What You Need to Know about BYOD Security
Wednesday, December 2, 2015
As employees bring their own devices to work, IT teams face an assortment of challenges, from managing mobile apps on a myriad of different devices to backing up and restoring business data. But bar none, the greatest burden for IT staff is securing business data on mobile devices.
The Good, the Bad, and the Ugly (in Reverse Order)
The BYOD phenomenon has spawned an array of new security risks. These risks include data breaches caused by lost and stolen phones, data exfiltration from insiders, wireless or man-in-the-middle attacks, and mobile malware.
While the insider threat might not seem daunting, a lack of oversight makes it easy for employees to abuse trust. From their mobile device, employees can easily open sensitive email attachments and then upload them to a cloud-based storage site and then – poof - they are gone.
Lost and stolen phones are the top mobile security risk for organizations. Thieves steal a whopping 3.1 million smartphones every. Users can also simply lose or misplace their phones. Unfortunately, both scenarios expose organizations to data loss. An experiment by Symantec revealed that 96% of people that find a lost phone will attempt to access sensitive information such as an HR or password file stored on a recovered phone.
Malware, the cyber-attack of choice in the PC world, has only penetrated a small percentage of mobile devices. But risks increase dramatically on jailbroken phones.
Mobile Device Management
Mobile Device Management (MDM) can help reduce mobile security risks. With MDM, IT administrators can remotely wipe lost devices, control which apps can be installed on a device, and manage encryption settings. However, MDM solutions cannot monitor app usage or prevent insider abuse.
Moreover, employees aren’t thrilled about corporate-mandated MDM solutions. In a recent report by Webroot, 55 percent of respondents would be extremely or very concerned if their employer could access personal data and 47 percent are concerned about personal data being wiped by an employer.
The Rise of Mobile App Management and App Wrapping
To satisfy privacy concerns and app auditing requirements, mobile security vendors have introduced Mobile Application Management (MAM). MAM solutions can manage, monitor, and secure individual apps. MAM relies on secure containers or app wrapping to protect custom apps.
With app wrapping, MAM vendors provide customers business apps developed by the MAM vendor or by app partners with built in security controls. These apps typically include email programs, contact lists and secure browsers.
Alternatively, organizations can wrap their own apps by integrating code from the MAM vendor’s software development kits (SDKs) into their app. SDK integration is only available if organizations have developed their own apps.
While application wrapping avoids the privacy concerns introduced with MDM, it also imposes its own unique set of problems.
Unwrapping App Wrapping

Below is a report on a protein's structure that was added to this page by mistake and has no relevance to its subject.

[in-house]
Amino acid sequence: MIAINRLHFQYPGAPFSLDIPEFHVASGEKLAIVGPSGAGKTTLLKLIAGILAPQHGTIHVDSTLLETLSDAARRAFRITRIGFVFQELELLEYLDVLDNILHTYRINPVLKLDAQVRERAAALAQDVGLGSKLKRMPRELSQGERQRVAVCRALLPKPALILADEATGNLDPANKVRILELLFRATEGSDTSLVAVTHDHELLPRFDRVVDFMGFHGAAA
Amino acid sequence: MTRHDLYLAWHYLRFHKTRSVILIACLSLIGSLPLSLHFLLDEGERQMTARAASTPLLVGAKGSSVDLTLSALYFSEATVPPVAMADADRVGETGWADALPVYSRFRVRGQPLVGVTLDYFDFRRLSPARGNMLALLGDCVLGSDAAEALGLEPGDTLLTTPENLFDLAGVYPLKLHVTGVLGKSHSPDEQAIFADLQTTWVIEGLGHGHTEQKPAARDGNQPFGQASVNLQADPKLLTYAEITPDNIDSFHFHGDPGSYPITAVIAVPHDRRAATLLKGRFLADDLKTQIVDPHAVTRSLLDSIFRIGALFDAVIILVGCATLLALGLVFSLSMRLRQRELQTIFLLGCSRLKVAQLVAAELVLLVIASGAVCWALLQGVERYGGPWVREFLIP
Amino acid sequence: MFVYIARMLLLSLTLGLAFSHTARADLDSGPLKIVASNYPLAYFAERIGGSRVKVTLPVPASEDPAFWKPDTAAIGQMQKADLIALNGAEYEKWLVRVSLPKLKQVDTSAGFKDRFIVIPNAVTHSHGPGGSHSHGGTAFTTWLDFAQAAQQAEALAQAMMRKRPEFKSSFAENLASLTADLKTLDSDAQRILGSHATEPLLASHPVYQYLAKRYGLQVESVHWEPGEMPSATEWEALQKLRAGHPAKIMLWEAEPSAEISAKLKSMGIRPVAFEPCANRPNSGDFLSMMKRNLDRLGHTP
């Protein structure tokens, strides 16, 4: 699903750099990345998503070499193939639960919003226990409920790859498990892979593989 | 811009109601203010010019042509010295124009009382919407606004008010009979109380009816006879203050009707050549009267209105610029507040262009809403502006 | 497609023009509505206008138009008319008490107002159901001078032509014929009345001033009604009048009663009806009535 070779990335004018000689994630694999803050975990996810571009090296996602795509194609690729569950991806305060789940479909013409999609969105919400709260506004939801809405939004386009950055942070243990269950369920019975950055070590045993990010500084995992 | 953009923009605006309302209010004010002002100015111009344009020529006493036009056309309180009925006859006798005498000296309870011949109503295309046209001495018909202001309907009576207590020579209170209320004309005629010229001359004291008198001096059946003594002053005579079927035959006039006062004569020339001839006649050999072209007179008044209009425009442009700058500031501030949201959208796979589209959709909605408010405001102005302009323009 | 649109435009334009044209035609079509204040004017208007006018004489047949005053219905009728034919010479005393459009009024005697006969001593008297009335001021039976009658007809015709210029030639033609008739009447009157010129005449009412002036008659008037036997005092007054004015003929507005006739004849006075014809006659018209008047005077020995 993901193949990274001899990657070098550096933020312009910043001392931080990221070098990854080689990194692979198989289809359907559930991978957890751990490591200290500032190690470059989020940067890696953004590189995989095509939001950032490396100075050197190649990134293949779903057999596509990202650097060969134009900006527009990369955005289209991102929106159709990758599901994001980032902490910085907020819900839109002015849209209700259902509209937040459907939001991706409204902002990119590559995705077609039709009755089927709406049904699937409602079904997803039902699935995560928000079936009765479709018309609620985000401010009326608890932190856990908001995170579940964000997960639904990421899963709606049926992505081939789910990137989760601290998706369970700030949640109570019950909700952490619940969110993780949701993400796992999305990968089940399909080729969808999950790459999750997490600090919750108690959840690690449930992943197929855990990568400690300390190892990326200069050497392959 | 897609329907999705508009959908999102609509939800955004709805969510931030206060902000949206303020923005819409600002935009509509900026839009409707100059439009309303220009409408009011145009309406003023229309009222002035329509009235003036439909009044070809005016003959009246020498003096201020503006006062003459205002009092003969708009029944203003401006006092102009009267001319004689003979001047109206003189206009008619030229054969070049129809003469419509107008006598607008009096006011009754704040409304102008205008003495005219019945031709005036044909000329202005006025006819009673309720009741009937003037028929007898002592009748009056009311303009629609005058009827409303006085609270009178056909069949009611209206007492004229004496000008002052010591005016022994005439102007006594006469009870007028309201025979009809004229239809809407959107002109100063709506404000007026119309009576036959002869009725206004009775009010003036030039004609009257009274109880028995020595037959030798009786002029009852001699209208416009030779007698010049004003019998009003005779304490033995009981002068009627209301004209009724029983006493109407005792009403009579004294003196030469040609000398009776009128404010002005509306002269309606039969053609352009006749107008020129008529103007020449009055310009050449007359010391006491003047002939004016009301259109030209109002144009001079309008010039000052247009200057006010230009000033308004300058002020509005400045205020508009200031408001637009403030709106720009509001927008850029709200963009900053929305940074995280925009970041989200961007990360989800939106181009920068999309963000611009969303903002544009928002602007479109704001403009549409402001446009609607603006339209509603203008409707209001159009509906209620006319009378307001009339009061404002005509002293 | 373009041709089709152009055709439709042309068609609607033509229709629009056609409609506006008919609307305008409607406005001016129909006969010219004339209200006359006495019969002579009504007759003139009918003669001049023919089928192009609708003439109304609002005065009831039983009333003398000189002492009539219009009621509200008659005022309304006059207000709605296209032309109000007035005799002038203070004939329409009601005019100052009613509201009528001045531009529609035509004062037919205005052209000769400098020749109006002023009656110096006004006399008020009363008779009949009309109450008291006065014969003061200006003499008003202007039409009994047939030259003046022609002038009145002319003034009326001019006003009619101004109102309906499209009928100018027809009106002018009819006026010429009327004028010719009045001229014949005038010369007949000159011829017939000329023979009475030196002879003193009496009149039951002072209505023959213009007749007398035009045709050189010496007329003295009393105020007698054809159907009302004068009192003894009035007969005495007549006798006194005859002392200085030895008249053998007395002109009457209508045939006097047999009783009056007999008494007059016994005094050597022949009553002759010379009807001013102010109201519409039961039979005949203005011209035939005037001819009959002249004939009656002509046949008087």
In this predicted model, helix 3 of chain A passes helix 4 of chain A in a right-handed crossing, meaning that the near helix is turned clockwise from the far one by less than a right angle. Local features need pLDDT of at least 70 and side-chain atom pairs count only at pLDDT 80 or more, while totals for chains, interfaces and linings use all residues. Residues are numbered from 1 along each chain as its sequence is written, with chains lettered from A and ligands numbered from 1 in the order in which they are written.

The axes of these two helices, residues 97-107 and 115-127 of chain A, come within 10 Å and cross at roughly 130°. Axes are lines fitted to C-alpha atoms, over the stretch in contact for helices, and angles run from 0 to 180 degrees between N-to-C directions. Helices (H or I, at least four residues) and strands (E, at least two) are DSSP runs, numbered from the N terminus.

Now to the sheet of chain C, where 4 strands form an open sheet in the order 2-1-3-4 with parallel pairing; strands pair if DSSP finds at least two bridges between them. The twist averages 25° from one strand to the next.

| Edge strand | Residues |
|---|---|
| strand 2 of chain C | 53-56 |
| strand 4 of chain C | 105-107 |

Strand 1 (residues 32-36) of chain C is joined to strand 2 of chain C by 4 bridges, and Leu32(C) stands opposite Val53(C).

While app wrapping provides greater control over mobile apps without intruding on users’ personal data, it is not practical for most organizations.
The drawbacks of app wrapping and MAM include:
- MAM vendors that offer pre-wrapped apps only support a small number of apps. As of May 2015, Google Play featured 1.5 million apps while Apple App Store hosted 1.4 million apps. MAM vendors support a miniscule fraction of total apps, preventing organizations from supporting the business apps they need.
- Employees might dislike apps developed by MAM vendors. Some MAM vendors offer their own browser, email and calendaring apps. Unfortunately, your employees may complain that these apps are not as feature rich as their favorite browser, email client, or calendar app.
- SDK integration can be costly. Some MAM vendors offer SDKs that allow organization to wrap their own apps. Unfortunately, app development can be costly for smaller businesses, especially if businesses need to support multiple types and versions of mobile devices.
- Lack of coverage for all types of mobile devices. Employees with Blackberry, CyanogenMod, Windows Phone, and Firefox OS devices may be unable to access mobile resources if MAM vendors do not support these platforms.
Even with app wrapping, sensitive data is still stored on devices. While MAM security measures like strong authentication and data encryption drastically reduce the risk of data loss, if phone owners choose weak passwords, then phone thieves may still gain access to sensitive apps and data.
As a result of these shortcomings, organizations may want to consider alternative approaches to mobile security before plowing ahead with an investment in MAM.
Alternative BYOD security solutions like virtual mobile infrastructure (VMI) mitigate security risks by preventing data from being downloaded and stored on mobile devices. Organizations can monitor app activity to prevent insider abuse and data loss.
Read more: https://www.sierraware.com/management.html
This content is made possible by a guest author, or sponsor; it is not written by and does not necessarily reflect the views of App Developer Magazine's editorial staff.
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